A child wakes and is afraid, and weeps in the darkness.  What has made the bed shake?  “Mother, where are you? I am awake.”  “Hush, my Darling, I am here.”  “But, Mother, something so queer happened, the room shook. ” Boom!  “Oh! What is it? What is the matter?” Boom!  “Where is Father? I am so afraid.”  Boom!  The child sobs and shrieks.  The house trembles and creaks.  Boom!

Retorts, globes, tubes, and phials lie shattered.  All his trials oozing across the floor.  The life that was his choosing, lonely, urgent, goaded by a hope, all gone.  A weary man in a ruined laboratory, that was his story.  Boom!  Gloom and ignorance, and the jig of drunken brutes.  Diseases like snakes crawling over the earth, leaving trails of slime.  Wails from people burying their dead.  Through the window he can see the rocking steeple.  A ball of fire falls on the lead of the roof, and the sky tears apart on a spike of flame.  Up the spire, behind the lacings of stone, zig-zagging in and out of the carved tracings, squirms the fire.  It spouts like yellow wheat from the gargoyles, coils round the head of Saint John, and aureoles him in light.  It leaps into the night and hisses against the rain.  The Cathedral is a burning stain on the white, wet night.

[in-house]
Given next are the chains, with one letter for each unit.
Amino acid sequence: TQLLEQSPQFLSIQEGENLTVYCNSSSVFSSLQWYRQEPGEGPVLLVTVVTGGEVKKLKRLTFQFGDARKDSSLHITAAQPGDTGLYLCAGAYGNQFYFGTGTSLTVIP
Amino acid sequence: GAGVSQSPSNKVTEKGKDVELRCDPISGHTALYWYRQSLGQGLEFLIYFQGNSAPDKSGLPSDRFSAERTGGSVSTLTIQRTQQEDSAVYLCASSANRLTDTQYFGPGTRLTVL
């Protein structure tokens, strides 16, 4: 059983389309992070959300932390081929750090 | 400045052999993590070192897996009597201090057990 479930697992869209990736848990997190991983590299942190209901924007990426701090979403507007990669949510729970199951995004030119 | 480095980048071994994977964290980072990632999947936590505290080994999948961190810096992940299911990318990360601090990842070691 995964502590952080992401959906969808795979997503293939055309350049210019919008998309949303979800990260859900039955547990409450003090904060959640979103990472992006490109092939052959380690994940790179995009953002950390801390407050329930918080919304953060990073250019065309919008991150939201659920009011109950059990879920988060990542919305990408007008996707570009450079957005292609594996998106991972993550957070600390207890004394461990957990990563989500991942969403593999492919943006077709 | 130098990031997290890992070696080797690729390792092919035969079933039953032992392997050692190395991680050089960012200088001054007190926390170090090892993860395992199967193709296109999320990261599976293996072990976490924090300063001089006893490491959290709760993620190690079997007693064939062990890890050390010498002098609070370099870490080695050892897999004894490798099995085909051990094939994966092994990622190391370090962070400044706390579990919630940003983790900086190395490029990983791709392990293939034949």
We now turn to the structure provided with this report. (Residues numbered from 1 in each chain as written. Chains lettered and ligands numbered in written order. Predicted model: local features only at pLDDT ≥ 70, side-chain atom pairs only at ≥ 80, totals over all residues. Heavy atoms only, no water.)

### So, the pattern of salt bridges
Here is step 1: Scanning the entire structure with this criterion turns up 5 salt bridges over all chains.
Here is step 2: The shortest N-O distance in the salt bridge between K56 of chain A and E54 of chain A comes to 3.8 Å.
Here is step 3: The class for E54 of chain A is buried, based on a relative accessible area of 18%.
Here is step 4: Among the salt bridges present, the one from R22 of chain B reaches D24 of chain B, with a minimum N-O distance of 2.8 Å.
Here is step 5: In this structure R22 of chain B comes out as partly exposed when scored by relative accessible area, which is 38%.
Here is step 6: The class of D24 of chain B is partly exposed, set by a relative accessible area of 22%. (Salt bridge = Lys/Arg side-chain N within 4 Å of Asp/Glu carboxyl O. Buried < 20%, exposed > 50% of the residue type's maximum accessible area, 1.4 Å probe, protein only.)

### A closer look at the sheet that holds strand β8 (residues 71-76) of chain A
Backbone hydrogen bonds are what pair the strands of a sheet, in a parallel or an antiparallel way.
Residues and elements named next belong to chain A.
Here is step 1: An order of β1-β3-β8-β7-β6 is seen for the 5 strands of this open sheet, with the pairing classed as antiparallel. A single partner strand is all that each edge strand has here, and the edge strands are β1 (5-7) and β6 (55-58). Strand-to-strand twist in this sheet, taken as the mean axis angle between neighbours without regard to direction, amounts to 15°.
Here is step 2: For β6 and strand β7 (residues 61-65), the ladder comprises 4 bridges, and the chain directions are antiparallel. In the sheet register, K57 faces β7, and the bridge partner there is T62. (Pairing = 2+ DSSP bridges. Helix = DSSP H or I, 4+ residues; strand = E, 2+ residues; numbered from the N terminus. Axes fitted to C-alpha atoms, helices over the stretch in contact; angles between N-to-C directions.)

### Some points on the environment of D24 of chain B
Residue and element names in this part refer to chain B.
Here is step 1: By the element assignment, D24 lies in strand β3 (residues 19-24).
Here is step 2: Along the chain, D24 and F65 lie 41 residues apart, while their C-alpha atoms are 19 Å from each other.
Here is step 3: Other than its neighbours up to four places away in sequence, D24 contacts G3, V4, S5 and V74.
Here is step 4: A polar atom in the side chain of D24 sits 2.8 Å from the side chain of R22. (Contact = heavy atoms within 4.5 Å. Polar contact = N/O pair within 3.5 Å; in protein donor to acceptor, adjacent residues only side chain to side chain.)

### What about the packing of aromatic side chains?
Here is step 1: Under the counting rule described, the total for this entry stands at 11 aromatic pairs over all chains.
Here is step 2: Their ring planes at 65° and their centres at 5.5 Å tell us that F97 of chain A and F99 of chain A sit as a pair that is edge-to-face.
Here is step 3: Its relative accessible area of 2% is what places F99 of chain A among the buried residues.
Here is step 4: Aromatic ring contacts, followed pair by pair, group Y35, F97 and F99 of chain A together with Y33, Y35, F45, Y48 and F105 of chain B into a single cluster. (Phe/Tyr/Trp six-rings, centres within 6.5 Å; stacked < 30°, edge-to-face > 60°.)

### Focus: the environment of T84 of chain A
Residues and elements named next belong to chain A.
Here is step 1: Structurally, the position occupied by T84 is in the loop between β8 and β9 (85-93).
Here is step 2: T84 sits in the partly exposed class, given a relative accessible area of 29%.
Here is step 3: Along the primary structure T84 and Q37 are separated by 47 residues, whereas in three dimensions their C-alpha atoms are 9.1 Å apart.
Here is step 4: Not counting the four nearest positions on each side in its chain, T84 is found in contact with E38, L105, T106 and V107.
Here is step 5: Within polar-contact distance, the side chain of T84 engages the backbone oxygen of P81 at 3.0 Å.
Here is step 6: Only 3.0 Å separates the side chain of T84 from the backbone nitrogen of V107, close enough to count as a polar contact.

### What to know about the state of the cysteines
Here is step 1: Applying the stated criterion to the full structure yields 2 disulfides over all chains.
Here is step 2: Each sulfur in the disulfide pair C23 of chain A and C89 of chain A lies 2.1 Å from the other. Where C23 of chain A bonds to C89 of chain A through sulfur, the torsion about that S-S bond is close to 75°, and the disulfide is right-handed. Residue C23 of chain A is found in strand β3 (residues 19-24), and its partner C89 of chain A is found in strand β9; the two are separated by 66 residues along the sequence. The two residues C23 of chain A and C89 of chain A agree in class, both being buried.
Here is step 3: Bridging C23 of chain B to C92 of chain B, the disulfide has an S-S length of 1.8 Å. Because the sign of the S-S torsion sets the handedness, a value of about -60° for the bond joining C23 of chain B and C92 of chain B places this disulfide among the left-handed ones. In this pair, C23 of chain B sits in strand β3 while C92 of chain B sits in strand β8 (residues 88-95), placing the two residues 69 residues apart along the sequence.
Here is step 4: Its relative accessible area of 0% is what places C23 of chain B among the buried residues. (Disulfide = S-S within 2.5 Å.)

Boom!  The Cathedral is a torch, and the houses next to it begin to scorch.  Boom!  The bohemian glass on the étagère is no longer there.  Boom!  A stalk of flame sways against the red damask curtains.  The old lady cannot walk.  She watches the creeping stalk and counts.  Boom!—Boom!—Boom!